Of all of the players who ever played in the NHL or other professional hockey league, none bring on more obsessive fans that Bobby Orr. There are plenty of Gretzky fans and Howe nuts. There are plenty who idolize Vezina, Plante, Richard, etc. But no player has more fans who are foaming at the mouth and ready "to step outside" over discussions of his greatness than Bobby Orr!
This is just something that I have noticed over the years. You can disagree about Lemieux, Beliveau, Cyclone Taylor, or nearly any other player. But if you don't give full respect to Bobby Orr, someone's blood pressure is going to start moving into the unsafely high levels.
I honestly don't mean this as a negative comment on Bobby Orr. Just the opposite. No other player has been able to excite fans into this level of passion, or obsession. Interesting that his career was half the length of most of the greats of the game.
"Maybe Fischler is senile and thought he was in 1966 or something, that would explain things."
I have thought of this before, but the last post brought it back to mind. Fischler, who is usually considered fairly intelligent, must be "senile" for not ranking Bobby Orr higher! He's like the East German Olympic judge who gives low marks to an otherwise flawless figure skating performance and throws off the entire competition. If not for that one judge, that skater would have earned the gold medal! Much like Fischler causing Orr to be ranked 2nd instead of 1st! I don't know if Bobby Orr is concerned with his ranking on the list of all time greats, but I have always felt that a player's longevity and ability to come back from injury were a part of his greatness. Just my opinion.
Since you quoted me I will attempt an answer, at least give you my opinion on why this attitude appears to be pervasive (which I would agree it is). Let's forget where Crazy Stan ranked Orr (I think just about anyone who doesn't have a personal beef with Orr would agree that #13 is untenable by any criteria) and limit ourselves to those IDIOTS WHO DON'T THINK HE SHOULD BE #1 (just kidding).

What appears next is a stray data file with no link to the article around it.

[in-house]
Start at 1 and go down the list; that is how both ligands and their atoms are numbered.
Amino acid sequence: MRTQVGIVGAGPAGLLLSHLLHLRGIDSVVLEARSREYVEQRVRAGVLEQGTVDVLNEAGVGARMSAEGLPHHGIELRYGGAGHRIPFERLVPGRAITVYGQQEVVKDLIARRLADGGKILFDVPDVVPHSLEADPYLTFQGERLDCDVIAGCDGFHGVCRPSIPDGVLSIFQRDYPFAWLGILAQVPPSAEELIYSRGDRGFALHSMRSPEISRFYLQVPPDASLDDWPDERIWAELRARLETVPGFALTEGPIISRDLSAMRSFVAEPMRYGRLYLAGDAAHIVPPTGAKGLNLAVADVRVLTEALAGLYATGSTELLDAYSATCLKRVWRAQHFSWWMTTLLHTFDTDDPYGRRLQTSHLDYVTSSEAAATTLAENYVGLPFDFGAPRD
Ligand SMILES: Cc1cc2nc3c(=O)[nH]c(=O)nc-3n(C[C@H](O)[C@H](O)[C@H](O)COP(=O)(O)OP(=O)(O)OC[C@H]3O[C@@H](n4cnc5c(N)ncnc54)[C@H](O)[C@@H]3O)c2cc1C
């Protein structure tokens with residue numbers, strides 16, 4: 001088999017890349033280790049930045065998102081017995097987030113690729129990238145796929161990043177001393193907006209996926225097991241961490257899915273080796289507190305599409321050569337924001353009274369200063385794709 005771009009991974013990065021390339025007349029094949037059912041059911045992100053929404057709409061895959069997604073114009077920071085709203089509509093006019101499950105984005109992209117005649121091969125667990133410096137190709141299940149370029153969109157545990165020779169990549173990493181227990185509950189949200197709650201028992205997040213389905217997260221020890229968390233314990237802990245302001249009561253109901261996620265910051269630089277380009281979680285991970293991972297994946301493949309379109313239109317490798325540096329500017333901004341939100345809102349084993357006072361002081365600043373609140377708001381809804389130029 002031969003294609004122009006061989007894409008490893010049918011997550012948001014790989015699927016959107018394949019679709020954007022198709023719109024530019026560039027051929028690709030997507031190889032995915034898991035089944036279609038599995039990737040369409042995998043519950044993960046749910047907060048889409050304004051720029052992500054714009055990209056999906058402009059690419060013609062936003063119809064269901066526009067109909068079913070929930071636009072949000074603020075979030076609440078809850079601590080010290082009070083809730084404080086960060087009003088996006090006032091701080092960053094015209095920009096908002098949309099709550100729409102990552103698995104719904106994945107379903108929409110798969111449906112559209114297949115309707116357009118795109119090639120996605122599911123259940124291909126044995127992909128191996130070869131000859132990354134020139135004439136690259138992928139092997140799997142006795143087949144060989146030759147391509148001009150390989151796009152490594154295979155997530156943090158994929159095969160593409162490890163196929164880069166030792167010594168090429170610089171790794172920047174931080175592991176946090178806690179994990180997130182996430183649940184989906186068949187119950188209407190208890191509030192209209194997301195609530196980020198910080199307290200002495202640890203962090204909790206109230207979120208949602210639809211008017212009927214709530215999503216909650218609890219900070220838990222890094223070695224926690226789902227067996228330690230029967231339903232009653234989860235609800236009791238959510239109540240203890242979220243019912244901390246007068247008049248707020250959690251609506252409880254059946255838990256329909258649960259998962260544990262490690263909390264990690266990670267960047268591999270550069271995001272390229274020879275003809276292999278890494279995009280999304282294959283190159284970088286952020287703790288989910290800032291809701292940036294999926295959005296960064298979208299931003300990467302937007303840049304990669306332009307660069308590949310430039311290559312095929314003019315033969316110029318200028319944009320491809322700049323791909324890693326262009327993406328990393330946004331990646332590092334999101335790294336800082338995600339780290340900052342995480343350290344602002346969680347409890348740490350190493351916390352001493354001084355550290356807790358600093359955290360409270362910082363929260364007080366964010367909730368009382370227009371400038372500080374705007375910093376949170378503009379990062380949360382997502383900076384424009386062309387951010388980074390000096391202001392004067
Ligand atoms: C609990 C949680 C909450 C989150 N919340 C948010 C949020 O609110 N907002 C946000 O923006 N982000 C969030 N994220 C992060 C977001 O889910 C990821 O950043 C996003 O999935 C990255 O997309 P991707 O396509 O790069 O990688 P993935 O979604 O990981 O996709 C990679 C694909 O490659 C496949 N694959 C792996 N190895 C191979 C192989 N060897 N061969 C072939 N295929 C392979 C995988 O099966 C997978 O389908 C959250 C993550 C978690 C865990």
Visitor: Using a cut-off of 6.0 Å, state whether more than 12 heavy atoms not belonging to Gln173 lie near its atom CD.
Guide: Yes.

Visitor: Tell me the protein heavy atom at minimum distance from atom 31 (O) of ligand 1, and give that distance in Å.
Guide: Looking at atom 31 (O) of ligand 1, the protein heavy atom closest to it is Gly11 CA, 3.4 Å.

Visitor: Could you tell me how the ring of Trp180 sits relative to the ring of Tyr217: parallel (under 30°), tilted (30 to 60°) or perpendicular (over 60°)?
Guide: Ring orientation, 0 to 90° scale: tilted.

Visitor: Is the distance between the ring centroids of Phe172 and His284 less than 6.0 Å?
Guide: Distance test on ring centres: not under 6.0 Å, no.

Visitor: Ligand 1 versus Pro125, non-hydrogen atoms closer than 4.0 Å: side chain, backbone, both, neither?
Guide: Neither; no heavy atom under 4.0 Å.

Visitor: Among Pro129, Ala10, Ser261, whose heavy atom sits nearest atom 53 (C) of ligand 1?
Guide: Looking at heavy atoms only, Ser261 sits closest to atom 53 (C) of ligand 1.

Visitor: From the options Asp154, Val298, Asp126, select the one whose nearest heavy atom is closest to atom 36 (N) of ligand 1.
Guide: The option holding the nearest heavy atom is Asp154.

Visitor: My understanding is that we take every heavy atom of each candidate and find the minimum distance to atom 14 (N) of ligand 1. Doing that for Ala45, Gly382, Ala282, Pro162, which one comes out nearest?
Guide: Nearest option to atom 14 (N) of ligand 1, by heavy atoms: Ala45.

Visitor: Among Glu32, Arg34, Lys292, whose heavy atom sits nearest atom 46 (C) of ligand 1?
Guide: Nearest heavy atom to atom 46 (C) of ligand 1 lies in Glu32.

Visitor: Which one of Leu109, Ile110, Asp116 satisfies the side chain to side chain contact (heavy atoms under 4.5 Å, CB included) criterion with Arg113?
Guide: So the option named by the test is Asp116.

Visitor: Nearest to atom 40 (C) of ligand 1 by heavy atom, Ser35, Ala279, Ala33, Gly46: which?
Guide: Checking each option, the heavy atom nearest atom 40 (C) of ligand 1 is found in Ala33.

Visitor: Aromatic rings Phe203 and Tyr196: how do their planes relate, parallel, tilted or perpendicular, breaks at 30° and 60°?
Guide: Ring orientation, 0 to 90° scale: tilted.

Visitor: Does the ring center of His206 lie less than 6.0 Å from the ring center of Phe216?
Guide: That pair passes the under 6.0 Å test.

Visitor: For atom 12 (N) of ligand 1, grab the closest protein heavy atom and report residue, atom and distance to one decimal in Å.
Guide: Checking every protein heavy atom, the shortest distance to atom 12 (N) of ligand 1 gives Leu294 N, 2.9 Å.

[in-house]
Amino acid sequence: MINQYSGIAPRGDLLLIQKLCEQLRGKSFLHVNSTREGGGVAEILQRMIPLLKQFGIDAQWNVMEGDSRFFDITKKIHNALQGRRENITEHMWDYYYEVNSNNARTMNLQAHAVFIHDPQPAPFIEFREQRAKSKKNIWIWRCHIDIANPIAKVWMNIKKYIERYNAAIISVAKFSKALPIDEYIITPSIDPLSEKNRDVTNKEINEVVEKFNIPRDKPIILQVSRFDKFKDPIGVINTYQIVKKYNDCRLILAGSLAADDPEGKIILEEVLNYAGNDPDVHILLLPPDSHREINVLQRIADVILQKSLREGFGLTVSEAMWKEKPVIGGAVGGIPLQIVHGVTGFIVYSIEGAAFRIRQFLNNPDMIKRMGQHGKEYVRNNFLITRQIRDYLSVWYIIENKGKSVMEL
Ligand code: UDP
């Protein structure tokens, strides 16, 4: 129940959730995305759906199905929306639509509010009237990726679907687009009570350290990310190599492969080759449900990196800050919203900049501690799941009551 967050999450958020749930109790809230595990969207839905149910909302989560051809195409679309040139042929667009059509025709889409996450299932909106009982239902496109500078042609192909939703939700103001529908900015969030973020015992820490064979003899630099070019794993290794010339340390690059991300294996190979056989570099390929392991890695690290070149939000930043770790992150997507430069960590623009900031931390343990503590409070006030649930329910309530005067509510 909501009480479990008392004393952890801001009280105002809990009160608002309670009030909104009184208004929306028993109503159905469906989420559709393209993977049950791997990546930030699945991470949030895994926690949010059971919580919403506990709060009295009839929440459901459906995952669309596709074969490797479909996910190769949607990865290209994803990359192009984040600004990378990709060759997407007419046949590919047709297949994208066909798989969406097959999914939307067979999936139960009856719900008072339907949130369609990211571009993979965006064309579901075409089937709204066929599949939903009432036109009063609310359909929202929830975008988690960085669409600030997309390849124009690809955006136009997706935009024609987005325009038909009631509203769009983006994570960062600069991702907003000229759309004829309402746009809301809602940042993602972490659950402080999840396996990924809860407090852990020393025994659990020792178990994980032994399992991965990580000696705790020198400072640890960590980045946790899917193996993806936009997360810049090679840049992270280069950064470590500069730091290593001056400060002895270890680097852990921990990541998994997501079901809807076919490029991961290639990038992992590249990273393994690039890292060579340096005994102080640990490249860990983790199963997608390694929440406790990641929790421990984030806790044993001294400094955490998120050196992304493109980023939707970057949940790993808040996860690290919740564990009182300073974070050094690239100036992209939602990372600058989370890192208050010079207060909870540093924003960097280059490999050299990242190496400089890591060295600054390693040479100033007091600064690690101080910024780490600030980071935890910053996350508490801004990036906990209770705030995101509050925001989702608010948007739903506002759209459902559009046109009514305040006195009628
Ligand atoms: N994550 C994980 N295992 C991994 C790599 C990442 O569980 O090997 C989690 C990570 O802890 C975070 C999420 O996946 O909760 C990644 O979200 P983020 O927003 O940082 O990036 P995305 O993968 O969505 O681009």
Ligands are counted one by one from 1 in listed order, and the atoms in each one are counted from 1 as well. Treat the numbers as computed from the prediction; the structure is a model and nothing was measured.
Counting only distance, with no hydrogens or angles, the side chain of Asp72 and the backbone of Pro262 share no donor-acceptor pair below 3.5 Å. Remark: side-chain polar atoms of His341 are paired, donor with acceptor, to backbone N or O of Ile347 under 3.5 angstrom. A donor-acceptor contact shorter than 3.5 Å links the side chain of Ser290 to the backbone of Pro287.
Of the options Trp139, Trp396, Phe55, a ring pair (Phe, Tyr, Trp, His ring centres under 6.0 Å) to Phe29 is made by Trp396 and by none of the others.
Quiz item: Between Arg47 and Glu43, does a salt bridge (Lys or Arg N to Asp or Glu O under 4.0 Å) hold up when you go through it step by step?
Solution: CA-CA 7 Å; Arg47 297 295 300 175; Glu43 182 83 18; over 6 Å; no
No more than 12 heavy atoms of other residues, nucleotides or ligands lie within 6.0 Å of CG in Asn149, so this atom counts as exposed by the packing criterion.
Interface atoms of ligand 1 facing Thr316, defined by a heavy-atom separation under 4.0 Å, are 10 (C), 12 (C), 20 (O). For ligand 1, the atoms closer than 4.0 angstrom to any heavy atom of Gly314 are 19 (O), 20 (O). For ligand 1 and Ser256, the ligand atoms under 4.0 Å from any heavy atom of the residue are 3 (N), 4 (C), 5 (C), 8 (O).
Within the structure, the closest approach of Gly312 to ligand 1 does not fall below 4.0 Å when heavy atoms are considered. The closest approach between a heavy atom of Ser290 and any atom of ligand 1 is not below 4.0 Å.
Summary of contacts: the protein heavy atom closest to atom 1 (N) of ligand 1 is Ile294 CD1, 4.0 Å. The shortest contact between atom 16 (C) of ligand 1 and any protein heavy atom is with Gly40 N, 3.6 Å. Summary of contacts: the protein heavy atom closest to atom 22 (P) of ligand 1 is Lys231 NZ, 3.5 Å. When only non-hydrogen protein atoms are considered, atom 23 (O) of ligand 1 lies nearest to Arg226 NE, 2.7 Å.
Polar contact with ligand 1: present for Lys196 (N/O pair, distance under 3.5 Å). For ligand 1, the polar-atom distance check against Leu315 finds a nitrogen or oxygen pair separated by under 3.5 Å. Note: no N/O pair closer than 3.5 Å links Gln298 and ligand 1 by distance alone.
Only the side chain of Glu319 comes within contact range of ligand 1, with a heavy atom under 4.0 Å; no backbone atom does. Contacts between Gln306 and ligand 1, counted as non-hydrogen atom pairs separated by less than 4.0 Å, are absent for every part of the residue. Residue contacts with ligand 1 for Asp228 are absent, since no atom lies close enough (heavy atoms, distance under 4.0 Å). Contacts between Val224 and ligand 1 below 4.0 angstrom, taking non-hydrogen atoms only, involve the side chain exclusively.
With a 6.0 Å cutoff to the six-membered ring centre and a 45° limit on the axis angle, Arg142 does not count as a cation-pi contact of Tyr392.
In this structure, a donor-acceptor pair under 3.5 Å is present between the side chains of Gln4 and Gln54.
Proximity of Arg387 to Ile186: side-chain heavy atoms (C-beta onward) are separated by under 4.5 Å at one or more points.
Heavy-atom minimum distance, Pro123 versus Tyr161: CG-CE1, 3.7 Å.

For me, and I am unashamedly one of these people who get their noses out of joint when anyone dares to question his greatness, it has to do with how he influenced me when I was a kid. I am over 40 now but I can honestly say that I still remember how important he was to me when I was a kid; he was what was referred to at the time as a "role model" (a term that has since fallen out of favour). The key for me is the combination of what he did on and off the ice, the person that he was (is), not just the hockey player; you hint at it yourself, "I don't know if he is concerned with his ranking..." - I can assure you that he is not. It is his humility that sets him apart, the way that he realized what an influence he would necessarily have on a generation of kids, and how important he obviously considered this responsibility to be. I mean, I could lay it on thicker (really!), I'm not saying he was a saint, he was by all account a normal, fun-loving, partying guy like the rest of them but the way he carried himself on the ice (head down, skate to the bench) and off (the trips to the hospital, the rapport with the fans) was pure class. When you realize that at the time he was so far beyond those around him in terms of talent, pure hockey sense/skill, it is even more remarkable that he maintained this sense of humility and grace; (maybe it was contrived ? maybe his parents are responsible ?(RIP Doug BTW); doesn't really matter to me).